Pictured above: Sidney Poitier receiving the “Medal of Freedom” from President Obama 2009
I never had an occasion to question color, therefore, I only saw myself as what I was… a human being.
I’ll always be chasing you… Glory.
I had chosen to use my work as a reflection of my values.
I decided in my life that I would do nothing that did not reflect positively on my father’s life.
But my dad also was a remarkable man, a good person, a principled individual, a man of integrity.
I always had the ability to say no. That’s how I called my own shots.
A good deed here, a good deed there, a good thought here, a good comment there, all added up to my career in one way or another.
As a man, I’ve been representative of the values I hold dear. And the values I hold dear are carryovers from the lives of my parents.
History passes the final judgment.
I come from a great family. I’ve seen family life and I know how wonderful, how nurturing, and how wonderful it can be.
I am an ordinary person who has had an extraordinary life.
I was the only Black person on the set. It was unusual for me to be in a circumstance in which every move I made was tantamount to representation of 18 million people.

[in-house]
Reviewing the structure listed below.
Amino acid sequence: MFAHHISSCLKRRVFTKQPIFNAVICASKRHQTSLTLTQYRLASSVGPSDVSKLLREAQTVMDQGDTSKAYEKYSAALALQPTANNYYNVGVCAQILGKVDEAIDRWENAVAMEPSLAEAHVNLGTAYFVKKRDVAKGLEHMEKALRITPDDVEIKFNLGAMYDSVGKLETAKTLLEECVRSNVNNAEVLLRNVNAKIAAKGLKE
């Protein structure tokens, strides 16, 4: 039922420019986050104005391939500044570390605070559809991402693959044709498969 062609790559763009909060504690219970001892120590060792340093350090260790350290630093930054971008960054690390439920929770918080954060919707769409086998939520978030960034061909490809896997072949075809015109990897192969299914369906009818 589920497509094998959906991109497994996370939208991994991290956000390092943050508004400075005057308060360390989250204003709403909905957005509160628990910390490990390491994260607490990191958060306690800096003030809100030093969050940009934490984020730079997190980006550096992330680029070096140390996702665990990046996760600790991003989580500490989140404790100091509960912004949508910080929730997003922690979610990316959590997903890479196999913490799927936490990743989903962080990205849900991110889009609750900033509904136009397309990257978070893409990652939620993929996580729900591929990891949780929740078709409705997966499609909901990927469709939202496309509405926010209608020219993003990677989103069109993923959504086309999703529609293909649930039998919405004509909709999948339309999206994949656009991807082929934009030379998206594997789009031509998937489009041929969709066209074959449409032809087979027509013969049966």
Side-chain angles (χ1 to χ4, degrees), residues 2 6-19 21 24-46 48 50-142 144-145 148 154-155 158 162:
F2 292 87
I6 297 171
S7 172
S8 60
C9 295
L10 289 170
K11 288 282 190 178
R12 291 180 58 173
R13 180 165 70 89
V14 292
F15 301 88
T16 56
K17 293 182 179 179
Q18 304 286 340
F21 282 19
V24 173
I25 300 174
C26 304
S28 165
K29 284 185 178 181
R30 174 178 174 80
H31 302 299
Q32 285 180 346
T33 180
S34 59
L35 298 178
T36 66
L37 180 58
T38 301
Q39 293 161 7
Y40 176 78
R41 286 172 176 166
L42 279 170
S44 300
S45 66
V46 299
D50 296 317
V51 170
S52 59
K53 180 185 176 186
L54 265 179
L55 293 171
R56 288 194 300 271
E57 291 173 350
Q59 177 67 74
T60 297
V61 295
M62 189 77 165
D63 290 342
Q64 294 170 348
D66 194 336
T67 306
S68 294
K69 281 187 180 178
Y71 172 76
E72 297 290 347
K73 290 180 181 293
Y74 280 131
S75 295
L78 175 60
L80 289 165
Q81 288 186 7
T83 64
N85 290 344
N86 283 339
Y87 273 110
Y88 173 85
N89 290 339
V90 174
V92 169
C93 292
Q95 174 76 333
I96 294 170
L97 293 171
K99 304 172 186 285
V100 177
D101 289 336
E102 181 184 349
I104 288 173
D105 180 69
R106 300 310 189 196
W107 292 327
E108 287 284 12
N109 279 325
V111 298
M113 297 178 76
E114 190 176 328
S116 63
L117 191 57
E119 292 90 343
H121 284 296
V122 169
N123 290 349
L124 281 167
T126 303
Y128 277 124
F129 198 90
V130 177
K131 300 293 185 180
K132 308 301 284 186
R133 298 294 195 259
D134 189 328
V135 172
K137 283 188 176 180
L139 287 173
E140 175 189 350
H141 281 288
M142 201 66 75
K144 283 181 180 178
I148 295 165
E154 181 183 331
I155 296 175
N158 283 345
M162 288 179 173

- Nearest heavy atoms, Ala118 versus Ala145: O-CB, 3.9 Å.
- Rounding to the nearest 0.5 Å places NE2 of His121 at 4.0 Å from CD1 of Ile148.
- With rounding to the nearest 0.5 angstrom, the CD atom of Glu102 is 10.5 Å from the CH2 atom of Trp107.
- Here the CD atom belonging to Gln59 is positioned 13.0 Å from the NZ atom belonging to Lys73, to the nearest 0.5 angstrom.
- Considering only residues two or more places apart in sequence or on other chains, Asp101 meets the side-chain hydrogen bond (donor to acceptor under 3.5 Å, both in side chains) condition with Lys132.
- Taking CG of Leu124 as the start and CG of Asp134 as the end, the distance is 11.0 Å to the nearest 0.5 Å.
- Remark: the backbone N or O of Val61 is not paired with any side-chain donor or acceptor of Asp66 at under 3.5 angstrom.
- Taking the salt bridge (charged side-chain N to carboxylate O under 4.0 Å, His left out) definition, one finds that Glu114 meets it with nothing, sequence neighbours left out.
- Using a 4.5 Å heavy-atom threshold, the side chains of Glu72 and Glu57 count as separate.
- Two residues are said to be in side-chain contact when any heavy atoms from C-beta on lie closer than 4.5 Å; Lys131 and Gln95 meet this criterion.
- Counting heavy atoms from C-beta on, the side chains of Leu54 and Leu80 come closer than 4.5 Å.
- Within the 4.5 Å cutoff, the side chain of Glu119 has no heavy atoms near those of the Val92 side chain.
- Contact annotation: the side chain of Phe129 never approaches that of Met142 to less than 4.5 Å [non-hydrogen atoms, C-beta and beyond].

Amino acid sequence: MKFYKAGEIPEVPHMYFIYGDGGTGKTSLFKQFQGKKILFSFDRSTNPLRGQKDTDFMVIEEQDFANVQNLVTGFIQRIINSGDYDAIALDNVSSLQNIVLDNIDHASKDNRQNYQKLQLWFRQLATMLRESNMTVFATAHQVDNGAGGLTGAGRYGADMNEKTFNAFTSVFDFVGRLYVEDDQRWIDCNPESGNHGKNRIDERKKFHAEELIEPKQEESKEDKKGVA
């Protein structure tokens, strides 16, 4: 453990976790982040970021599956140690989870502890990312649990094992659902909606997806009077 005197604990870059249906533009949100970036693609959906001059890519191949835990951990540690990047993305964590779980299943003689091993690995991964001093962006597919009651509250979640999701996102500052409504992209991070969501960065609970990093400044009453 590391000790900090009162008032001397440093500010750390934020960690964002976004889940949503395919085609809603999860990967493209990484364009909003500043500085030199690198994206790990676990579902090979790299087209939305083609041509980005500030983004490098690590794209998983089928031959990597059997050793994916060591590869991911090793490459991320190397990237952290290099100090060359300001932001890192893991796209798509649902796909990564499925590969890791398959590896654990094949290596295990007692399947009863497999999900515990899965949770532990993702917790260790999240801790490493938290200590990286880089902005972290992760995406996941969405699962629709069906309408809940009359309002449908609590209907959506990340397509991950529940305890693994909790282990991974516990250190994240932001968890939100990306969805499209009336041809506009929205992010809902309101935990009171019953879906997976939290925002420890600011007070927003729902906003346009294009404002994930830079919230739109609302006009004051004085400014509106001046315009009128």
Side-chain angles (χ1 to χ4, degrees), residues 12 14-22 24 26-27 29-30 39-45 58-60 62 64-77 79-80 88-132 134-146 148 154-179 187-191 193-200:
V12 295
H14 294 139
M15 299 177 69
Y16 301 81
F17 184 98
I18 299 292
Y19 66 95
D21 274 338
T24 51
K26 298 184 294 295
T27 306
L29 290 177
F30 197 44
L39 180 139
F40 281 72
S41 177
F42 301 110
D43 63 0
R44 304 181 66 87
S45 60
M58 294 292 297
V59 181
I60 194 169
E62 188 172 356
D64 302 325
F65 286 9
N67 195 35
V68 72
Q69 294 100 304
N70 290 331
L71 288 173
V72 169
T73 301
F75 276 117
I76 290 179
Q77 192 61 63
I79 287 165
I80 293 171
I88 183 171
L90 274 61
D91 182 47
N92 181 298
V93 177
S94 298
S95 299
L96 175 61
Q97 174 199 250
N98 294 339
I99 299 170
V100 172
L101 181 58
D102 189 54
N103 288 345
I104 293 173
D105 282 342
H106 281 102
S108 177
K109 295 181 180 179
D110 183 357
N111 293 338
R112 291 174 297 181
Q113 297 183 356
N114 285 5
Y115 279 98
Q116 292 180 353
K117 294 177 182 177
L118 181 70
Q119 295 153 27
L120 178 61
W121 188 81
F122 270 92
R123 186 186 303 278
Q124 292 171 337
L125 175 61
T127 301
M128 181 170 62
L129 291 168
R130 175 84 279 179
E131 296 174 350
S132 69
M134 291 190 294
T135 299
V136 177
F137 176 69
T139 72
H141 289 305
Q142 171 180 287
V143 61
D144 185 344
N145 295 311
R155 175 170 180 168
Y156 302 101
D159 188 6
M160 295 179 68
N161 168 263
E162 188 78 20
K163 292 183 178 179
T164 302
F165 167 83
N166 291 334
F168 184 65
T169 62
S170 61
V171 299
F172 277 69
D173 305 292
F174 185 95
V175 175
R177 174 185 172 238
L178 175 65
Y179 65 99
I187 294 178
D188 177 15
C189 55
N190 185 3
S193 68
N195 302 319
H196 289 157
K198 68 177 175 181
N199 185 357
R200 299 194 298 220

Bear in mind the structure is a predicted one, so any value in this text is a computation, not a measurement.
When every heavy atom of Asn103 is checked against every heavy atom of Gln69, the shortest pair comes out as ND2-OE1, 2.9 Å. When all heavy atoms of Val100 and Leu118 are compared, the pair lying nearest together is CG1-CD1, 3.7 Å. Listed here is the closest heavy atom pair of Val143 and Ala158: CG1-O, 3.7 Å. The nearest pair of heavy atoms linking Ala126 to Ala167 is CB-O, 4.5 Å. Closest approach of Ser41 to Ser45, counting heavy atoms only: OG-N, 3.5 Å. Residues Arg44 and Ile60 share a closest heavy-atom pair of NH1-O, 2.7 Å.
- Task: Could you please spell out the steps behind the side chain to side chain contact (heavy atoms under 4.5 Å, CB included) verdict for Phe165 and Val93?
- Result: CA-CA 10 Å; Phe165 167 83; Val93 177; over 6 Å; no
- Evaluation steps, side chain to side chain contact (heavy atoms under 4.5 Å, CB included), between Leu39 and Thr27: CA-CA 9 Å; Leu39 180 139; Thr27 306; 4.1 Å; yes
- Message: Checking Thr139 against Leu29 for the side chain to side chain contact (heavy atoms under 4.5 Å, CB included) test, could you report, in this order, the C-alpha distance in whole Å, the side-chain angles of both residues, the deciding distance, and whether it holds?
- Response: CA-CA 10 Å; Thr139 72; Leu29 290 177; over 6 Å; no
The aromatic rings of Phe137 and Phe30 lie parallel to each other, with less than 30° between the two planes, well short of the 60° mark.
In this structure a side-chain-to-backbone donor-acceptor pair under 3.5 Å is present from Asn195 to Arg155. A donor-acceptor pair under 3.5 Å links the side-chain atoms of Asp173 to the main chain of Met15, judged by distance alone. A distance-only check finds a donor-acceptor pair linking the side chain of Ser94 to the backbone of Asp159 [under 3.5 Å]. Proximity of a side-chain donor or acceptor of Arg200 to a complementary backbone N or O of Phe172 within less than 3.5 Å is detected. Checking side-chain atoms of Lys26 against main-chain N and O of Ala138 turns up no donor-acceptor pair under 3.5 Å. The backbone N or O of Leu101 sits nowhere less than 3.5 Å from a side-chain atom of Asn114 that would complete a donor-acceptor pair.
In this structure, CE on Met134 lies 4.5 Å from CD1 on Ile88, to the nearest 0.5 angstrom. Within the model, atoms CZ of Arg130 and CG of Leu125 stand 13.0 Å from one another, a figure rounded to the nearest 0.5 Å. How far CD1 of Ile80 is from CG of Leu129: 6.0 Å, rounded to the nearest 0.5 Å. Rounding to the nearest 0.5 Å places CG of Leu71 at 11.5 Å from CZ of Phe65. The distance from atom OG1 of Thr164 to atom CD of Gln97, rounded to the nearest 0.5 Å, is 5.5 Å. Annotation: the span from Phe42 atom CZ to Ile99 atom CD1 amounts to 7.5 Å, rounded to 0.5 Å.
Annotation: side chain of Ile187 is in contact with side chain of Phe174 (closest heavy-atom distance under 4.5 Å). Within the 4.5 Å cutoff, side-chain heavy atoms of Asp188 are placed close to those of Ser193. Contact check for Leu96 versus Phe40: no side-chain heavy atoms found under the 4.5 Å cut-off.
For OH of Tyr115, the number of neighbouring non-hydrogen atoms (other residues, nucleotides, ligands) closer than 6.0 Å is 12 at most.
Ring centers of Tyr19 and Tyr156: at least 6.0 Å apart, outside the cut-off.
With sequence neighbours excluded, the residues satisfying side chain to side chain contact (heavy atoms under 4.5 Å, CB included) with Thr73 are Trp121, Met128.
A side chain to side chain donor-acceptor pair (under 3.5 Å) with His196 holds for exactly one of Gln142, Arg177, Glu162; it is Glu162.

In my case, the body of work stands for itself… I think my work has been representative of me as a man.
So I had to be careful. I recognized the responsibility that, whether I liked it or not, I had to accept whatever the obligation was. That was to behave in a manner, to carry myself in such a professional way, as if there ever is a reflection, it’s a positive one.
So I’m OK with myself, with history, my work, who I am and who I was.
So it’s been kind of a long road, but it was a good journey altogether.
To simply wake up every morning a better person than when I went to bed.
We all suffer from the preoccupation that there exists… in the loved one, perfection.